She also acknowledged that the DNC’s rule change, would necessarily provide Bloomberg the opportunity to further get his message out when the “surging polls” in his favor would feature him on the debate stage in the near future.

In 2018, when Singh was named the Deputy Communications Director at the Democratic National Committee, she told India Abroad in an interview that countering and combating the dangerous xenophobic, bigoted, racist and anti-immigrant policies of the Trump administration, which she alleged are enabled by the Republicans in Congress and in the GOP majority state legislatures, was a top priority of the Democrats.

During that interview, Singh also disclosed that her political activism is inspired by her grandfather Sardar J. J. Singh, a pre-partition freedom fighter in India, who immigrated to the U.S. in 1946 and continued his political and community activism that led to the enactment of the Luce-Cellar Act that allowed 100 Indians to immigrate to the U.S. annually.

The Act also permitted Indian nationals that numbered anywhere from 2,500 to 3,000, already residing in the US, eligible to become naturalized American citizens. Before the enactment of that Act, Indians were prohibited from becoming U.S. citizens and were allowed admittance only as visitors and tourists. 

Singh’s father, Manjit Singh, was born in the U.S. in New York, in 1956, but when he was just 5, her grand-parents moved the family to independent India and to New Delhi.

Singh said it was not until the 1980s that her dad — who was chairman and CEO of Sony India -- and her mom, Srila Singh, decided to immigrate to the U.S.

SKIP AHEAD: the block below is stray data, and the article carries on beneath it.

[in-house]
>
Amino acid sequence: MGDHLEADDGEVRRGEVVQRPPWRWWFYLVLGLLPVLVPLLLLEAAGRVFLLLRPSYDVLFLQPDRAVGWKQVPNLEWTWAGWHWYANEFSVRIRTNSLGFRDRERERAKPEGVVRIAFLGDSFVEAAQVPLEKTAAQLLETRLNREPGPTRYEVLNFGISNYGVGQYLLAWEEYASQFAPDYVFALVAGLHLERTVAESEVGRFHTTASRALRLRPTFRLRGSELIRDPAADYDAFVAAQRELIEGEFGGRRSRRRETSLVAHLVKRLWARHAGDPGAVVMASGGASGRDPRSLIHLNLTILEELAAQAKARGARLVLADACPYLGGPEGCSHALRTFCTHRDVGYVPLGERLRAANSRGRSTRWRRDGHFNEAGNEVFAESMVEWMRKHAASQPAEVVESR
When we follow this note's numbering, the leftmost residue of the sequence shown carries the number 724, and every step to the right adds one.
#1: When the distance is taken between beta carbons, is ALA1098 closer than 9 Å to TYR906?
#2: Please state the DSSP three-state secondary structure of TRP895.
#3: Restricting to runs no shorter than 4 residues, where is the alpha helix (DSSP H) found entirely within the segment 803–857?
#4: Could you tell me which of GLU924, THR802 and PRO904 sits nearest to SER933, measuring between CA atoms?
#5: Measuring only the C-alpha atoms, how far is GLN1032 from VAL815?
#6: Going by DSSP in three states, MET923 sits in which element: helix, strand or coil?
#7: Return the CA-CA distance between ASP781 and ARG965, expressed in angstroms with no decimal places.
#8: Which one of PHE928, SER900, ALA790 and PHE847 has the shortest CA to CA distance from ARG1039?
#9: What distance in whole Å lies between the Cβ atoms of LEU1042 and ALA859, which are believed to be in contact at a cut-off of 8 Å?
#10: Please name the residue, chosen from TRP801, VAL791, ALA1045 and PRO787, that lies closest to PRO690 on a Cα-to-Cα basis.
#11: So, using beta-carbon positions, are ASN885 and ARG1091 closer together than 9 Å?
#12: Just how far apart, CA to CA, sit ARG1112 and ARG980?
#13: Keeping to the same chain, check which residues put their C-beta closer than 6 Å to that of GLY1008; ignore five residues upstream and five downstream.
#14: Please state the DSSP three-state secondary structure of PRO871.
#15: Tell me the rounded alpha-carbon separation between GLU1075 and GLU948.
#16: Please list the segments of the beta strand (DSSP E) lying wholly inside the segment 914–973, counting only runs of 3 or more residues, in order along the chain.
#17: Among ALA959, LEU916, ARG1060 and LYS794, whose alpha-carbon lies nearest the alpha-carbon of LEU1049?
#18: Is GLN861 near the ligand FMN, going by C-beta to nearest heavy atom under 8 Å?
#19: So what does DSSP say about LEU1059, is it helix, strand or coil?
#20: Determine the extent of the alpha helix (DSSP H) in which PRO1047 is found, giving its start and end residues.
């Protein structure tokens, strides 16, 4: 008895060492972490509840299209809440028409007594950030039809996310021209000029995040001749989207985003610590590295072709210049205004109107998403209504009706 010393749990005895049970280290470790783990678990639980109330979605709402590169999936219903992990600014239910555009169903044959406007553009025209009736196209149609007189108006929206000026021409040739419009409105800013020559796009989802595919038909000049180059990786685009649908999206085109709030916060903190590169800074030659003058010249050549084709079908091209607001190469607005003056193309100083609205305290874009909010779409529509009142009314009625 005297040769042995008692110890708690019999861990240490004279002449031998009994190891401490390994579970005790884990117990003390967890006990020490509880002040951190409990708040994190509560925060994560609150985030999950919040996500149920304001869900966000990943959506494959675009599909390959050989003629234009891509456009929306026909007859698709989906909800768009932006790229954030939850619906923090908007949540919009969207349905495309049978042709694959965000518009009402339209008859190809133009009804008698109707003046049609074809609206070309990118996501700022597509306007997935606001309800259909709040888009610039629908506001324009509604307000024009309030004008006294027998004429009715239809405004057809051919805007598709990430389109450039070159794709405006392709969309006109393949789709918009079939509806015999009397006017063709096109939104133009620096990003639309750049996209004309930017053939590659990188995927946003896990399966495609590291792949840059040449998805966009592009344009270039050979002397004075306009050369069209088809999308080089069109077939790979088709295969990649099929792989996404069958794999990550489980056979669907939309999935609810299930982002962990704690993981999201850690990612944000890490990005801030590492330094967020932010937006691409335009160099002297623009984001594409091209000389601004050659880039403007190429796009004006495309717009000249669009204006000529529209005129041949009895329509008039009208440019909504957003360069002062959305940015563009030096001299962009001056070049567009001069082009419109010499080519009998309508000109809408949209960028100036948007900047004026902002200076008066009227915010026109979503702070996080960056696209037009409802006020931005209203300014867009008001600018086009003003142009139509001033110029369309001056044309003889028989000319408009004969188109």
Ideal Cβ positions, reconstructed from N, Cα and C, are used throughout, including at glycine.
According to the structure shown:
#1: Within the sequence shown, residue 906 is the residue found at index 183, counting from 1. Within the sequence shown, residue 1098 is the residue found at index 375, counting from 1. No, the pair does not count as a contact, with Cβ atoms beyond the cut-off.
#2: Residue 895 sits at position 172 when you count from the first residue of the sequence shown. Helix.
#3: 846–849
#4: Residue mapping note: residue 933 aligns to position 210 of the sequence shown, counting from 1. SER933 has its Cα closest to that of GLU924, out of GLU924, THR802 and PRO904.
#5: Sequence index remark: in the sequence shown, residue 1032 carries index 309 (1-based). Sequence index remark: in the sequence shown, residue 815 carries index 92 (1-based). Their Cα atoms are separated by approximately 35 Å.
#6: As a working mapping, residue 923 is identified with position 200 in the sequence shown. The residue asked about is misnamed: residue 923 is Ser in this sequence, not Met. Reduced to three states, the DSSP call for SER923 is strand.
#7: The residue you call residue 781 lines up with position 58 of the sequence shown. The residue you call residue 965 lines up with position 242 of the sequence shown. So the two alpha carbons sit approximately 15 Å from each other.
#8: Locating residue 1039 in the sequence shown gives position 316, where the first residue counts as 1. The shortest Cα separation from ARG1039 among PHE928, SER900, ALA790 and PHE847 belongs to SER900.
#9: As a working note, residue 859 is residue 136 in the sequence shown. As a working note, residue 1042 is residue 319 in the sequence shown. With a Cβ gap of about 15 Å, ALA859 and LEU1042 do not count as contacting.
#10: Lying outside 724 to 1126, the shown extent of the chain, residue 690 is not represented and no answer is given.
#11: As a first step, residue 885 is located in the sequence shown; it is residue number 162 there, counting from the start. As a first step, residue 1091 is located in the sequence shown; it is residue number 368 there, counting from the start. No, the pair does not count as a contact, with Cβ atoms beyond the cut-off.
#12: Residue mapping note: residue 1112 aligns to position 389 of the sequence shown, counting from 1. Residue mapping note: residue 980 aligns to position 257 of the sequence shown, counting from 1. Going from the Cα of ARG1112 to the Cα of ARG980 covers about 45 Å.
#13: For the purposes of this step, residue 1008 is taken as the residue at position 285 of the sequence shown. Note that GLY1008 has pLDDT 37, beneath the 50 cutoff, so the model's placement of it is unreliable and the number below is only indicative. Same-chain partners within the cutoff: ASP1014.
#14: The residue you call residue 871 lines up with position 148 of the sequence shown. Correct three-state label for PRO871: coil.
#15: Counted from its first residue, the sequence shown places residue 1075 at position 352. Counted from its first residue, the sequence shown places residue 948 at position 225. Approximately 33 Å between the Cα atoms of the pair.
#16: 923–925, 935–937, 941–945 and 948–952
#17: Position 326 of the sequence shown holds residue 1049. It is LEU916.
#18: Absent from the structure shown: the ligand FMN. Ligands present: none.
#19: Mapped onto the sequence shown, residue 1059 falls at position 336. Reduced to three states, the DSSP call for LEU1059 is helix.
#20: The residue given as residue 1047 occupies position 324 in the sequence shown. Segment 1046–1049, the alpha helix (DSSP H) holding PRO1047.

Singh said, her grandfather had died “when my dad was about 18 years old and I never knew much about my grandfather although my parents tangentially mentioned him every so often.”

“But, I didn’t really learn about what he was doing in the U.S. and why he was here until I was in college and began to understand the significant impact he had, and then I found myself feeling so proud of him and really inspired and interested in government and from then on, I always wanted to do something good and make a difference and I came to DC, inspired by the election of Barack Obama, after I graduated and led me to where I am today.”

“I wanted to work in government and I first began a career at the Democratic Congressional Campaign Committee (DCCC) as the press assistant, which was the first exposure to campaigns, what they do and how they operate.”

Singh said, “Following the DCCC, I became the Communications Director for Rep. Jan Schakowsky (D.-Ill,) for a year and then left to become the Democratic Governors Association Deputy Communications Director.”

Before joining the DNC, she served as Hillary for America's Battleground Regional Communications Director for Florida, North Carolina, Nevada and Colorado.” 

Singh, is an alumna of the University of Southern California, majoring in International Relations.